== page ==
I ran Swords to Plowshares over Vapor Snag maindeck, which overall was probably a mistake; I could have chosen a different large set if I was willing to drop Adarkar Wastes. Oh well.
After the decklists were submitted, I felt really good about my chances. I felt I was only a dog to Cedric (Eldrazi) and potentially Jesse (UWR Delver), because while he had worse mana, he had access to Pyroblast and Gut Shot after sideboard.
When I saw the list of sets I was randomly assigned, I nearly threw up.
- Fate Reforged
- Shards of Alara
- 8th Edition
- Battle for Zendikar
- Mercadian Masques
We had to play at least TWO separate cards from each set in our maindeck. Fuck. I considered playing some sort of Blue Skies deck but after filtering through the card pool, I ended up going with a mono-blue griefer control deck that used Tasigur to kill. The biggest mistake I made was running 4 copies of both Daze and Force Spike, but anyone who knows me also knows that I can’t help myself sometimes. I should have run a 4/2 or 4/1 split of Spike + Daze and more cards that generated card advantage maindeck instead of relying on just Tasigur and 4 Fact or Fiction.
After the decklists were submitted, I felt my Set Sealed deck was one of the weakest decks in the pool, but that no one had a very good deck anyway.
Legacy Roto Draft
Truth be told, I had Steven Birklid do my bans since I couldn’t care less about them. Going into the draft I figured I would not likely be able to play a decent blue deck considering the makeup of the participants, the bans, and my order in the snake draft. After the picks went:
- Shelldock Isle
- Vendilion Clique
- Snapcaster Mage
- Grim Monolith
I knew that I was done for. I took Noble Hierarch expecting to move into G/W or Naya and potentially splash for light blue cards if it cleared up downstream, and when the people on my left went for mono-white (Cedric), reanimator (Peter), and a value black deck (Steven), I settled into a zoo-based strategy that seemed wide open. The idiots on my right continued to fight over blue cards, and I got unfettered access to the best removal spells in Swords to Plowshares and Path to Exile, got both Armageddons, and overall felt good about my creature selections minus forgetting about Voice of Resurgence being a card. My only real regret is not drafting anti-red/black cards vs. Steven’s aggro deck; a card like Absolute Law would have been a solid choice instead of loading up on a ton of redundant anti-blue cards.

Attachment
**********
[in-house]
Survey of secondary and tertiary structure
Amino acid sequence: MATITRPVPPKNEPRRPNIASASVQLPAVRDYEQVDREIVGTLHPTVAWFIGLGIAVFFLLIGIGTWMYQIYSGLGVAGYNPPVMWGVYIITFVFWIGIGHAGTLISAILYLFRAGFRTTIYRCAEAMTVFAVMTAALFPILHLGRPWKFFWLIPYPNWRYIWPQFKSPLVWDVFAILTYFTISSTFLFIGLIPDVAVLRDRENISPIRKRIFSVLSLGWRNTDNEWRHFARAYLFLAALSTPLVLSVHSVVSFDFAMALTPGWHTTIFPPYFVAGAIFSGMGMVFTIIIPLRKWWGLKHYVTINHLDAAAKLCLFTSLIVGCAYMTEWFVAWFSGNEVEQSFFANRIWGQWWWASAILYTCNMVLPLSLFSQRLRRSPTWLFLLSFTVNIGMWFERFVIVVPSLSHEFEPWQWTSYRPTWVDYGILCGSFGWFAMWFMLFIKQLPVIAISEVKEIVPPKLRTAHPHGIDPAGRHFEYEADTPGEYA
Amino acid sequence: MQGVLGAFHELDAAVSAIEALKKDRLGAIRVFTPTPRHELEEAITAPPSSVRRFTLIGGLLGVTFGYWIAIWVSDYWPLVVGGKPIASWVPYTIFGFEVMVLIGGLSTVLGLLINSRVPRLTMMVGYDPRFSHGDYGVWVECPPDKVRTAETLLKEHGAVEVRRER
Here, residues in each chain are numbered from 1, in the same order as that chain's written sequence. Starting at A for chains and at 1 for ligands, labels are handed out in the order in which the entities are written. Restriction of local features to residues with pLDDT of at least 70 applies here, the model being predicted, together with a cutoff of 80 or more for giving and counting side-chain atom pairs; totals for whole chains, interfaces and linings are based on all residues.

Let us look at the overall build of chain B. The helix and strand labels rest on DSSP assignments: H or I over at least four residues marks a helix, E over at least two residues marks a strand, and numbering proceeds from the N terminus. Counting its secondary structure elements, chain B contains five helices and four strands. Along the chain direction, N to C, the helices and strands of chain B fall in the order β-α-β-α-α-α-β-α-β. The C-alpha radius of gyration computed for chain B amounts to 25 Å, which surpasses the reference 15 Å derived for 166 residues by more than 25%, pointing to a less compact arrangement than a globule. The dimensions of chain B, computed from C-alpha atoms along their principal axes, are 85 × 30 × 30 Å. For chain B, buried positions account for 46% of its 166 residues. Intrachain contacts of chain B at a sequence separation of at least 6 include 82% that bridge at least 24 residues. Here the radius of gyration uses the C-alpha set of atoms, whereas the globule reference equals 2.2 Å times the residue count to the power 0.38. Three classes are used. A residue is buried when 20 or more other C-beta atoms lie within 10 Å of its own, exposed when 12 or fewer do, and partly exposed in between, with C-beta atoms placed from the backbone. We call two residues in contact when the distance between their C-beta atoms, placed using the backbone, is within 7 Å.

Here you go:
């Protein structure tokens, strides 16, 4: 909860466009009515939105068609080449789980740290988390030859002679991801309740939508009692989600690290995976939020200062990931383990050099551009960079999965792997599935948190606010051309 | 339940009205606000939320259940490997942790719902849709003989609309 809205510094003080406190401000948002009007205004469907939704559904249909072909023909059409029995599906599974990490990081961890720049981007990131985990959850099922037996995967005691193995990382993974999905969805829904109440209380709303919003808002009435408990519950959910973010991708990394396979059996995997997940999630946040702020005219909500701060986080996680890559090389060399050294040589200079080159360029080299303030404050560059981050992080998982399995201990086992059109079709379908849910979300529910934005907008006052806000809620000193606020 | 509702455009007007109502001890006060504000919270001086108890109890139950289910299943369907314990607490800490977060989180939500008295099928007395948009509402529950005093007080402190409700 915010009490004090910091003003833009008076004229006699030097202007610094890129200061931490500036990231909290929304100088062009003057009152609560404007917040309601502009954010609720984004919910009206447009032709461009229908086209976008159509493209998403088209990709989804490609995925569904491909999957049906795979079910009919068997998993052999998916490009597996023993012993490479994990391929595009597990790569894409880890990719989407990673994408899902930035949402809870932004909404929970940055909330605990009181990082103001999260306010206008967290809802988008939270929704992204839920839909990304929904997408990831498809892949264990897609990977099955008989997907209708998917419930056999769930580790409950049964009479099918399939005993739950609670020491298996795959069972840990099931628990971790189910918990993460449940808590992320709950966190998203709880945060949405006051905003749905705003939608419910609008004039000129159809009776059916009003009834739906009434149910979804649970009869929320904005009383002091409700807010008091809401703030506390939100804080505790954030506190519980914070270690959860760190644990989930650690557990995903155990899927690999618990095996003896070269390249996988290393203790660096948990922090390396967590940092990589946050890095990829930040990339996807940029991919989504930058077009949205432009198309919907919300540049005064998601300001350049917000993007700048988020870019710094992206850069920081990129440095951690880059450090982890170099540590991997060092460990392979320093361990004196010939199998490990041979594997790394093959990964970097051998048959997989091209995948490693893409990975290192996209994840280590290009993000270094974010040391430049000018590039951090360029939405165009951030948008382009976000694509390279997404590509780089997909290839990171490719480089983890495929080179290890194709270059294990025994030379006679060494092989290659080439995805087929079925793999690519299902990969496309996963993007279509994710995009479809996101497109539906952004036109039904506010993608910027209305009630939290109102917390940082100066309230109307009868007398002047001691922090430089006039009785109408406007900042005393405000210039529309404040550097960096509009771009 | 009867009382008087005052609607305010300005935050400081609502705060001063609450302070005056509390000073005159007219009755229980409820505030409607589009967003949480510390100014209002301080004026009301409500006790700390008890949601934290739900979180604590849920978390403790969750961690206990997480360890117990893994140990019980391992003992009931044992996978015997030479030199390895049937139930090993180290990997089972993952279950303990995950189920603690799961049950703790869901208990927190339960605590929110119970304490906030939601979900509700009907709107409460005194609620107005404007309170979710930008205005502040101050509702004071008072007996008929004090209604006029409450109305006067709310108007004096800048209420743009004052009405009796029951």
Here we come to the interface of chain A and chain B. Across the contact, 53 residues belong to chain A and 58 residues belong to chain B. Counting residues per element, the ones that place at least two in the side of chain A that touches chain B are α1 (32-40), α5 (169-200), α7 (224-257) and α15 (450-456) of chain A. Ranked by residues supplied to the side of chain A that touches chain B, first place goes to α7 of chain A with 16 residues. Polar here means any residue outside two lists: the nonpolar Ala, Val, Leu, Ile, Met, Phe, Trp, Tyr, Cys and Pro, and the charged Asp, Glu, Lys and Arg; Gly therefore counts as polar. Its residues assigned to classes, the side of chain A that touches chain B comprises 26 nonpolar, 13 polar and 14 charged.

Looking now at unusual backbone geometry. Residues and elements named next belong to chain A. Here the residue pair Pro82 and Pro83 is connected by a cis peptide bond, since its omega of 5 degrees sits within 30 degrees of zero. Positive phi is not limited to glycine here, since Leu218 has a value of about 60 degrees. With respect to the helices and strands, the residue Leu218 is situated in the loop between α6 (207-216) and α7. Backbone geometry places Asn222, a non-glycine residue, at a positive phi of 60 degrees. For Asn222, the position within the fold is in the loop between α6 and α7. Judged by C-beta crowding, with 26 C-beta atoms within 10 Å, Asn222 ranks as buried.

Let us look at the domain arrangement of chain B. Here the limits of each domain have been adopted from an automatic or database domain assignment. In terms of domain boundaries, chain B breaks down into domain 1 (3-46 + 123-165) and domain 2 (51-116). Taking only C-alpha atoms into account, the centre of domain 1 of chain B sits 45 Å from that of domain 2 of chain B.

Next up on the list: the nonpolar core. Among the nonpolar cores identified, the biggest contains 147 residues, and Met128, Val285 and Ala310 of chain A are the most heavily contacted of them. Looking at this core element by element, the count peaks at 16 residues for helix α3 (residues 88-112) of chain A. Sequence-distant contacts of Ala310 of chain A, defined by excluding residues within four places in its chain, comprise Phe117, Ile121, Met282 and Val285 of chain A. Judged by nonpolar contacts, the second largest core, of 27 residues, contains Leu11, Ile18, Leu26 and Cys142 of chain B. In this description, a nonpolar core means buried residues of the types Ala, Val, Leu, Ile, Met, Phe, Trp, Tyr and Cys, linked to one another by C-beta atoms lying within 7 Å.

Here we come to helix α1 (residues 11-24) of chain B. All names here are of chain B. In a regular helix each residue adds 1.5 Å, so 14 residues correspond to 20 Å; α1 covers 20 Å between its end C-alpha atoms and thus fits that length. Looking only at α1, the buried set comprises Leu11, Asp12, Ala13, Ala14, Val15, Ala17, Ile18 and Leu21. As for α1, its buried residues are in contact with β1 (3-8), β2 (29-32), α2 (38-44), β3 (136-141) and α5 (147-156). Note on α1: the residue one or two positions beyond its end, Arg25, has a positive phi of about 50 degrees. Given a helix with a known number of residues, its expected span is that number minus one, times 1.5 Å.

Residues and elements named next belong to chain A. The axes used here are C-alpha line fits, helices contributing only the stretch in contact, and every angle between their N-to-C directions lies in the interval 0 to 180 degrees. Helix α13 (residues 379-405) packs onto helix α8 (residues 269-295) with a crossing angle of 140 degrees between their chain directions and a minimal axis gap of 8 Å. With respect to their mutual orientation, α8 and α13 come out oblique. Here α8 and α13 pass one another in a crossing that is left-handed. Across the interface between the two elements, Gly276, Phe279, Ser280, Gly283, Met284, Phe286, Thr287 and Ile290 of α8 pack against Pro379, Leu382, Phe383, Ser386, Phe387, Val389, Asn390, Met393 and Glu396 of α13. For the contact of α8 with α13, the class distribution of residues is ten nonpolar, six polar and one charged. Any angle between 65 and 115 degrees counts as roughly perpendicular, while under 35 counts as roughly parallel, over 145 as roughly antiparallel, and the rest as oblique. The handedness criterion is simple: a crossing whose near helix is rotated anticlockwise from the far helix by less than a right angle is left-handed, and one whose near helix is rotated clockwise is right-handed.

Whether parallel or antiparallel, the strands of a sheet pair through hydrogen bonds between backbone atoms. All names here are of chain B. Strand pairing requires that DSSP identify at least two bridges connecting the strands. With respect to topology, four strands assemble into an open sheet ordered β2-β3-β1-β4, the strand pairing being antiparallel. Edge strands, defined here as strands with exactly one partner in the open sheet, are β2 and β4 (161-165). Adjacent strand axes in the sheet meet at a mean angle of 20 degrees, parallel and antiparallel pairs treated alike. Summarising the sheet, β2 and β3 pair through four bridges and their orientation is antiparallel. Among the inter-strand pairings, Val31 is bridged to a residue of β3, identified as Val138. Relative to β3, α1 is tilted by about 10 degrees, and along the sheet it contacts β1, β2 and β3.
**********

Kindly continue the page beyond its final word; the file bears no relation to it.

I had no idea what the hell to do here, so I had Peter Beckfield more or less ship me a list. I made some modifications and it was his suggestion to go with the Elves raceshift strategy, considering the two very good cantrips blue Merfolk tends to have in their deck (Aquitect’s Will, Silvergill Adept, and my raceshifted Gempalm Incinerator). For those unaware, the “combo” is:
- Turn one: Play Nettle Sentinel
- Turn two: Attack for 2, play Nettle Sentinel 2 (untap Sentinel 1), play Heritage Druid, tap them for mana, play any green card, untap, repeat with that green creature + two Nettle Sentinels
With the cantrips plus a huge mana sink in Coralhelm Commander (plus Mirror Entity for the Fireball kill), I really liked my deck and how it turned out.
As stated before, I felt the team of Max-Zac-Me was the 2nd best team but that’d we’d be competitive in any draft we played in. Given the opposition, I consider myself at least an average player in this field (a lofty claim) and probably slightly above average. The only players that I felt that were definitively better than me at both 3v3 drafting + playing are Brian Wong (likely the best player) and potentially Zac Hill, but he was on my team. I’m not saying I’m definitively better than the other 6 players, but it’s at least close in combined drafting + playing skill, and I had been a regular cube player on MTGO while some of the others were not.
In both drafts we used Steven Birklid’s cube, which gave me another advantage, since I had played Steven’s cube quite a bit. It is a very well-designed cube that prioritizes combat and has minimal equipment. Green mana ramp is intentionally a thin/poor strategy, and blue-based do-nothing control decks are weak. In my opinion, the absolute best card in the cube is Massacre Wurm, since black is very strong AND it is often an insta-kill condition – most of the combat is 2/2-based.
Our first match was against Peter/David/Jesse. I opened a generally weak pack with Hero of Oxid Ridge as the only red card in the pack. Despite the brief saga of Boddy Red, I traditionally play blue-based control decks in both constructed and cube formats, and this is pretty well-known amongst my friends. (Earlier this weekend, we played a cube draft for funsies and I went a solid 0-3 with a shitty blue deck in this very same cube.) So I decided to cut the red hard since there were no prototypical red aggro drafters in this cube and hopefully end up in a surprise mono-red deck. In this draft, my red deck lacked the critical mass of one-drops to be an S-tier deck (you want 7+ one-drops of ANY quality in a good cube red deck), but it made up for it with the two best four mana game-enders in Hero of Oxid Ridge and Hellrider plus Koth of the Hammer for staying power and inevitability. I went 2-1 in this cube and none of the matches really stood out to me, Zac went 3-0, and Max picked up a match and we won the first cube.